Arrive 10 minutes early to interview and give a firm handshake, a smile and eye contact. Above all, be positive! First impressions last! It’s not unheard of for the director of the company to ask the receptionist what their first impression of you was.
It is a certainty that you will be asked questions about the company. What research have you done? What attracted you to this company? What do you know about the companies background and culture? Make sure to do your homework as companies want to know that you want to join them and are not just applying for any job.
Possess a deep understanding of the company. Not just the ‘about us’ section of their website. Look at LinkedIn profiles, what is their reputation in the market, maybe you saw an article about them…… assure them that you know what they do, how they do it, that you have an appreciation for their corporate culture and know why their company is of particular interest to you.
Fail to plan, and you plan to fail.
Although it should be a given, make sure you know your CV inside and out as most of the questions will be tailored towards your experience. You should prepare answers to questions about your personal strengths and weaknesses, as well as being able to explain why you would be the best person for the job. Refer to the job spec and match your experience and skills to it.
Practice competency based questions. Give an example of when you’ve led a team? Give an example of when you’ve overcome a problem at work?
Use the CAR Approach.
- Context: Describe the situation and the task you were faced with, when, where, with whom?
- Action: How? What action did YOU take? Sometimes people focus on what the group did without mentioning their individual contribution.
- Result: What results did you achieve/conclusions did you reach/what did you learn from the experience?
Be expressive. Expand on your answers. Answer the question and reassure the interviewer of your competence by expanding on your answer. Short answers are frustrating for an interviewer, they want to listen, they do not want to drag answers out of you.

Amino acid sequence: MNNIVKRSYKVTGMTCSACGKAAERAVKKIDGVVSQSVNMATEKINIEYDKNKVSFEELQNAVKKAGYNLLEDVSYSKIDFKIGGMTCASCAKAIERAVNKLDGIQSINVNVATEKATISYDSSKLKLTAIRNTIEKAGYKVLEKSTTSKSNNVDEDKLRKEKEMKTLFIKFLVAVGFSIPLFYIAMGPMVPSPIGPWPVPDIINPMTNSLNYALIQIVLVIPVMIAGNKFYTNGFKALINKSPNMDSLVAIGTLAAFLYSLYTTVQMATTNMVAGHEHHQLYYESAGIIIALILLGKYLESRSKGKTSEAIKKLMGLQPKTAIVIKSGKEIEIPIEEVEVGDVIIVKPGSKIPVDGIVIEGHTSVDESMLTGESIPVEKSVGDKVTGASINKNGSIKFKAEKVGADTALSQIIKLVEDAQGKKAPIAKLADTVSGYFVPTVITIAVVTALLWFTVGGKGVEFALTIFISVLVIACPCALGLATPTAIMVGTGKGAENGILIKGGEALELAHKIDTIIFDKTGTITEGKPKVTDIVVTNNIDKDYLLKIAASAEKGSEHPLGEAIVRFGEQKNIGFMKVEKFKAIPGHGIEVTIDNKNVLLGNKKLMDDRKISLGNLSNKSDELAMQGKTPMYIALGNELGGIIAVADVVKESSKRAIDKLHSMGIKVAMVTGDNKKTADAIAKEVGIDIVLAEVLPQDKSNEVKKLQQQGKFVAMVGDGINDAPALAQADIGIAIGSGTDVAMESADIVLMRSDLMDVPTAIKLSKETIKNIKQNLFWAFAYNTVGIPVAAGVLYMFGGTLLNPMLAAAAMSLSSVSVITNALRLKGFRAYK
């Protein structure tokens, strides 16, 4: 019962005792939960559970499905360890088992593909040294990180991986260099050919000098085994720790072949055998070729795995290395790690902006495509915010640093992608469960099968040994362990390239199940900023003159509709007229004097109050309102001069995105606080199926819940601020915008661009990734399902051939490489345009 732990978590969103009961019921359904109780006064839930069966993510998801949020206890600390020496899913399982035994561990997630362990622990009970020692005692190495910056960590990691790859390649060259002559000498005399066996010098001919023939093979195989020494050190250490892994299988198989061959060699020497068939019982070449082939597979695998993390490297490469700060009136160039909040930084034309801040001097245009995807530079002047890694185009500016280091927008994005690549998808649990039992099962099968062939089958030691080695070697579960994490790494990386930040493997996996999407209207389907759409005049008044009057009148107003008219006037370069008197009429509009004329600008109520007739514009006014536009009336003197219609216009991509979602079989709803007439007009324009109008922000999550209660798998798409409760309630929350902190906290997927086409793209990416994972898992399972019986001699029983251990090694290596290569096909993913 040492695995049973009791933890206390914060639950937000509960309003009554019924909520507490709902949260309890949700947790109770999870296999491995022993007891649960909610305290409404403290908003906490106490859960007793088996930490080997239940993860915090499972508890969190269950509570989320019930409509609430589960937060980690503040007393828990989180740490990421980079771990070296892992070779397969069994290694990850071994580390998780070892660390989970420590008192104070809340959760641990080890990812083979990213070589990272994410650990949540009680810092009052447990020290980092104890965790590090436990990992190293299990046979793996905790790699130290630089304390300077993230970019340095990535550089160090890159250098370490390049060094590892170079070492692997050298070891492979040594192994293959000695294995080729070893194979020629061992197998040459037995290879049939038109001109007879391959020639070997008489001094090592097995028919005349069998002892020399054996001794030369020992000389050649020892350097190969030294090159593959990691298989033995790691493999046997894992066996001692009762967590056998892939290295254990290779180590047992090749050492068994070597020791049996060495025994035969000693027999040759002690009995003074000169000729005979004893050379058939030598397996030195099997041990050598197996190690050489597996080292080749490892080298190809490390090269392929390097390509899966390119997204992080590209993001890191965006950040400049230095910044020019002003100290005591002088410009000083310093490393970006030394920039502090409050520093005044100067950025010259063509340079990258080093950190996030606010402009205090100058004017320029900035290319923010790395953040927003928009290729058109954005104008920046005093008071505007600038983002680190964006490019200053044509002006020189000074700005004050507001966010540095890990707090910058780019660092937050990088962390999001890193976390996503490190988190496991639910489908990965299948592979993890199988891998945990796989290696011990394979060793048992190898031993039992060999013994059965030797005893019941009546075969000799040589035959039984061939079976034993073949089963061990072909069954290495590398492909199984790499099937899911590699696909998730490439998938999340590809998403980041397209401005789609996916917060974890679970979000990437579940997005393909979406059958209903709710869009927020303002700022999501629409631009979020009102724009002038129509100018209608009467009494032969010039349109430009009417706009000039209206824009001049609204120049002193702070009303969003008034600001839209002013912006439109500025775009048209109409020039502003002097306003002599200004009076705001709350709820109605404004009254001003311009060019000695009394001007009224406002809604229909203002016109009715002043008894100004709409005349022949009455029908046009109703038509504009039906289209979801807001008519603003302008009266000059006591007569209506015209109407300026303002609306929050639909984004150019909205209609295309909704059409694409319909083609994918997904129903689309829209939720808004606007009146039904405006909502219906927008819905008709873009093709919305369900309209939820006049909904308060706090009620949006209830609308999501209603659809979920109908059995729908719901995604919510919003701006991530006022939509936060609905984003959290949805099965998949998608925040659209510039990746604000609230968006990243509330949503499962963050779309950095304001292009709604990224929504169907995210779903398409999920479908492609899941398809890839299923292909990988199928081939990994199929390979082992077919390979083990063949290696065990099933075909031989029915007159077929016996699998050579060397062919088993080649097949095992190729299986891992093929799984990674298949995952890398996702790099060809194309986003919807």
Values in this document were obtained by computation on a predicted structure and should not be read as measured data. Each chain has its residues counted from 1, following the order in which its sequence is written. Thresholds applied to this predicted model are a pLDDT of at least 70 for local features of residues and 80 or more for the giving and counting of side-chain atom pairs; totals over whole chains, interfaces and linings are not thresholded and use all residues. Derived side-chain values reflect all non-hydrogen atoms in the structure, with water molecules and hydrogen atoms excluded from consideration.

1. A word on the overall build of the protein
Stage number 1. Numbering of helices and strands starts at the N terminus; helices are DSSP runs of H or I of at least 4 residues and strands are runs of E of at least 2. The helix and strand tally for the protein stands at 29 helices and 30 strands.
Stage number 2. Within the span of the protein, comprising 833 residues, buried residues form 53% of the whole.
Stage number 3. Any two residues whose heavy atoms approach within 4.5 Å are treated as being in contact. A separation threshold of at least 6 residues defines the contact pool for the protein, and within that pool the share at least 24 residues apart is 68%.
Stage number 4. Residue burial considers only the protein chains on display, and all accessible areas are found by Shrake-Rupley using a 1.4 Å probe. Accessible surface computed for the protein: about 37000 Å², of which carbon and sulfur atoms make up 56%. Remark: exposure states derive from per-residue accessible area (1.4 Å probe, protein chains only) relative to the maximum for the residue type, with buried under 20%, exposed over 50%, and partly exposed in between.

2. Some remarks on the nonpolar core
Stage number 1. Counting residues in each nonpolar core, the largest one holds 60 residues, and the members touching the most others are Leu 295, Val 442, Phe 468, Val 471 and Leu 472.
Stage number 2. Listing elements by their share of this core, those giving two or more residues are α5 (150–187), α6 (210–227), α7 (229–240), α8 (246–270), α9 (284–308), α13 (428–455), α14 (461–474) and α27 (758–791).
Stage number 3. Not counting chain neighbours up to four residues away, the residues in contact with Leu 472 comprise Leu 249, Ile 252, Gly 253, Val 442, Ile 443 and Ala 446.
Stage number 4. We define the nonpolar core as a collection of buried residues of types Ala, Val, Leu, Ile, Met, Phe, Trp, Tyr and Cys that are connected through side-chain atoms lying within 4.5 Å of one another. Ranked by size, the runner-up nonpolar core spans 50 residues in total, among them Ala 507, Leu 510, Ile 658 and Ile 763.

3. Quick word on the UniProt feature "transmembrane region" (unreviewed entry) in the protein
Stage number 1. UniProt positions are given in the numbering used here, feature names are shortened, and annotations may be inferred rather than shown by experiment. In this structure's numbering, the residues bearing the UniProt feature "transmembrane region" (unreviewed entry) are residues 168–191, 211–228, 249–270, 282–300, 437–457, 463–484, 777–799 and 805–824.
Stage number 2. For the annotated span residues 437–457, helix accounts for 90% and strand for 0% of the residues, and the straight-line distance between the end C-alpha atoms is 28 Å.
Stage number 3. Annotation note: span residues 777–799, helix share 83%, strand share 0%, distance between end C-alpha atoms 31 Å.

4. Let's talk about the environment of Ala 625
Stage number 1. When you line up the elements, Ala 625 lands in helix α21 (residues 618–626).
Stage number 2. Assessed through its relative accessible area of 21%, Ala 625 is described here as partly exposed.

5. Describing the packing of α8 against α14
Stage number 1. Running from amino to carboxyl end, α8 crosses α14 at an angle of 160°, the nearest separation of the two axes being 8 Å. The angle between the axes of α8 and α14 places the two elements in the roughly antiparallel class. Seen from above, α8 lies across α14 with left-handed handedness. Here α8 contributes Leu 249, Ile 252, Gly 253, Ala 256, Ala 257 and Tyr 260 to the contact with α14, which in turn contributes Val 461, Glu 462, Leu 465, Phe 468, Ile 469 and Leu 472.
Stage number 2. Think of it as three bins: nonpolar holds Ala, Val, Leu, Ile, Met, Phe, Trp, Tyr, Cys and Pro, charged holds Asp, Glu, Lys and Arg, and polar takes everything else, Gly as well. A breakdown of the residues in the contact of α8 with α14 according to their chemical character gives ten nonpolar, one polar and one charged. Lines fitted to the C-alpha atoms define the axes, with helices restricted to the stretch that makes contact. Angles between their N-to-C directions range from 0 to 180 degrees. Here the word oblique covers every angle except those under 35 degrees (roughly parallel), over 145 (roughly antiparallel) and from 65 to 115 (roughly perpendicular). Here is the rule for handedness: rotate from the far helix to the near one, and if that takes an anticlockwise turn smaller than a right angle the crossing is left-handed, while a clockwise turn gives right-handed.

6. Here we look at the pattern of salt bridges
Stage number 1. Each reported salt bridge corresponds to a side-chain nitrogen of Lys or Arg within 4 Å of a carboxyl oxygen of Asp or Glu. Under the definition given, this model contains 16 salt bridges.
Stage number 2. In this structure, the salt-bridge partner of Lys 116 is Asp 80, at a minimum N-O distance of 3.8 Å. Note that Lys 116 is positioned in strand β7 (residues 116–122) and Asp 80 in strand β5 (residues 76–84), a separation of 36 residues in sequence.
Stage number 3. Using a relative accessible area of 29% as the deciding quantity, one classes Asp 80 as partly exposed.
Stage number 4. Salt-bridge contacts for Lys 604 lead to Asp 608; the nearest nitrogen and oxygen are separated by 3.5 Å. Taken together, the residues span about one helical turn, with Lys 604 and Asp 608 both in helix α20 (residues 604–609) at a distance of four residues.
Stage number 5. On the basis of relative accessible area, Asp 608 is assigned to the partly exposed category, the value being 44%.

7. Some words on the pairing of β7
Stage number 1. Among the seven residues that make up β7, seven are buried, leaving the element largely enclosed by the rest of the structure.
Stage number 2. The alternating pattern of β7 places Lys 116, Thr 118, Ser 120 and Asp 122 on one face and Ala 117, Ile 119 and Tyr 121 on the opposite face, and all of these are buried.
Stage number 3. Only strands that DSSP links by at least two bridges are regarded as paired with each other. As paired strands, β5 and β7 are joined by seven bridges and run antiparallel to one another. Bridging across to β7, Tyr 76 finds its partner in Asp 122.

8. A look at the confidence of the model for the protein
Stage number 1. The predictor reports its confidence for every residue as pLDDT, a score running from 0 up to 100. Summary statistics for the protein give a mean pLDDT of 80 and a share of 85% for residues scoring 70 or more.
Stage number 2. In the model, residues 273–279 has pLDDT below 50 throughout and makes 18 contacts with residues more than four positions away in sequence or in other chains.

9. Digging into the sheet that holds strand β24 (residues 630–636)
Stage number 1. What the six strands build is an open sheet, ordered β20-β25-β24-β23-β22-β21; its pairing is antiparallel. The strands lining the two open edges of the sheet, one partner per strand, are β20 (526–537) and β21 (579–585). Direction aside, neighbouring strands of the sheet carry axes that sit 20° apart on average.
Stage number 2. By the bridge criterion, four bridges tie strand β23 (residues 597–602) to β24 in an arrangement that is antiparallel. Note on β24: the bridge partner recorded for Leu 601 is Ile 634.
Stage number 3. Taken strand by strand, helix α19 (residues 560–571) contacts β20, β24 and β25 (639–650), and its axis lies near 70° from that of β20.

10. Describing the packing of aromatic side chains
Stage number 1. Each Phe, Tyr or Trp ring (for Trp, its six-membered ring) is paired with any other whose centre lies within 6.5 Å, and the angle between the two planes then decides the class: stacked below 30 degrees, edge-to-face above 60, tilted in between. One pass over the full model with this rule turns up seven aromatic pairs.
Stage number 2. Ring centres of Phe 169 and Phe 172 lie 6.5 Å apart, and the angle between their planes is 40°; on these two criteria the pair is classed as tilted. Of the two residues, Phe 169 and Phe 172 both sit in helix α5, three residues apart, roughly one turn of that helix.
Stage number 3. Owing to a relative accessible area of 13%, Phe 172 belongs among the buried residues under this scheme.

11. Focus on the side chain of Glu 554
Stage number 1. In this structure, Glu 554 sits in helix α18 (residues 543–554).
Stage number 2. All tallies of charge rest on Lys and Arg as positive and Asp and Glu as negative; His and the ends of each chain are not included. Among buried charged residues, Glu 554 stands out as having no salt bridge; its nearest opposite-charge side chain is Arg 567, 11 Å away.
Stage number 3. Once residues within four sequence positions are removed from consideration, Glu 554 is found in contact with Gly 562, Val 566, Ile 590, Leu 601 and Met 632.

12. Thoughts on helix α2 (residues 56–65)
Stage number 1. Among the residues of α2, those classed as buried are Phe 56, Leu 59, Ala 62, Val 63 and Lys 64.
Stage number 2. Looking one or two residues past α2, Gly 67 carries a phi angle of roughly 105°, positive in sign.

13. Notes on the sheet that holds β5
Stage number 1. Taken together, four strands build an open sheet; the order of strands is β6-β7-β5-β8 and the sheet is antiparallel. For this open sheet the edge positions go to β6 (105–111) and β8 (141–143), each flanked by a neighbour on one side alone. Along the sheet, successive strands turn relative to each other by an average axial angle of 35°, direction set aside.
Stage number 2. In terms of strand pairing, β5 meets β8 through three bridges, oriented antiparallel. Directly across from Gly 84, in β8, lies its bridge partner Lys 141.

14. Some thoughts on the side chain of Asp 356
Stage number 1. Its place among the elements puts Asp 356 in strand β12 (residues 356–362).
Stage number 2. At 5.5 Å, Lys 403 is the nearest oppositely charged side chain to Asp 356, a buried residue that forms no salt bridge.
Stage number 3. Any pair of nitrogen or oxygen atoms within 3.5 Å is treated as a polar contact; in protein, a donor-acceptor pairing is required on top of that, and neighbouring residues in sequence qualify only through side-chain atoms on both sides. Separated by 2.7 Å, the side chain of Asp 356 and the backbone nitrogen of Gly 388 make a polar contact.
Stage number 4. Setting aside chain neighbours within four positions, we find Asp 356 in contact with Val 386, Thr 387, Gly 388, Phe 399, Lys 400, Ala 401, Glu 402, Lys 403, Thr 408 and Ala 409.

Always dress to impress. Dressing one level above the job you’re applying for shows a desire to succeed. Appearances shouldn’t matter, but the plain fact is that you are often judged before you’ve even uttered a word. Make sure to wear something you are comfortable and confident in.
Although it’s easy to say but try not to be too nervous as you want the interviewer to get to know the real you. Good preparation is the key to staying in control. Make sure to know where you are going for interview and to do a dry run the day before. Allow extra time for traffic delay etc. Remember to speak clearly, smile and remember that your interviewers are just normal people, and they may be nervous too!
Towards the end of the interview you will be asked if you have any questions. Make sure to prepare a minimum of 5 questions as its shows the interviewer that you have an interest in the role and the company. It’s always a good idea to ask about the next steps in the process also and when you expect to hear from them.
When the interview is finished and you are back to your car, take out a notepad and pen, and write down as much as you can about your thoughts on the interview and what you could have answered better while it is fresh in your head. This will help you with preparation for the next rounds.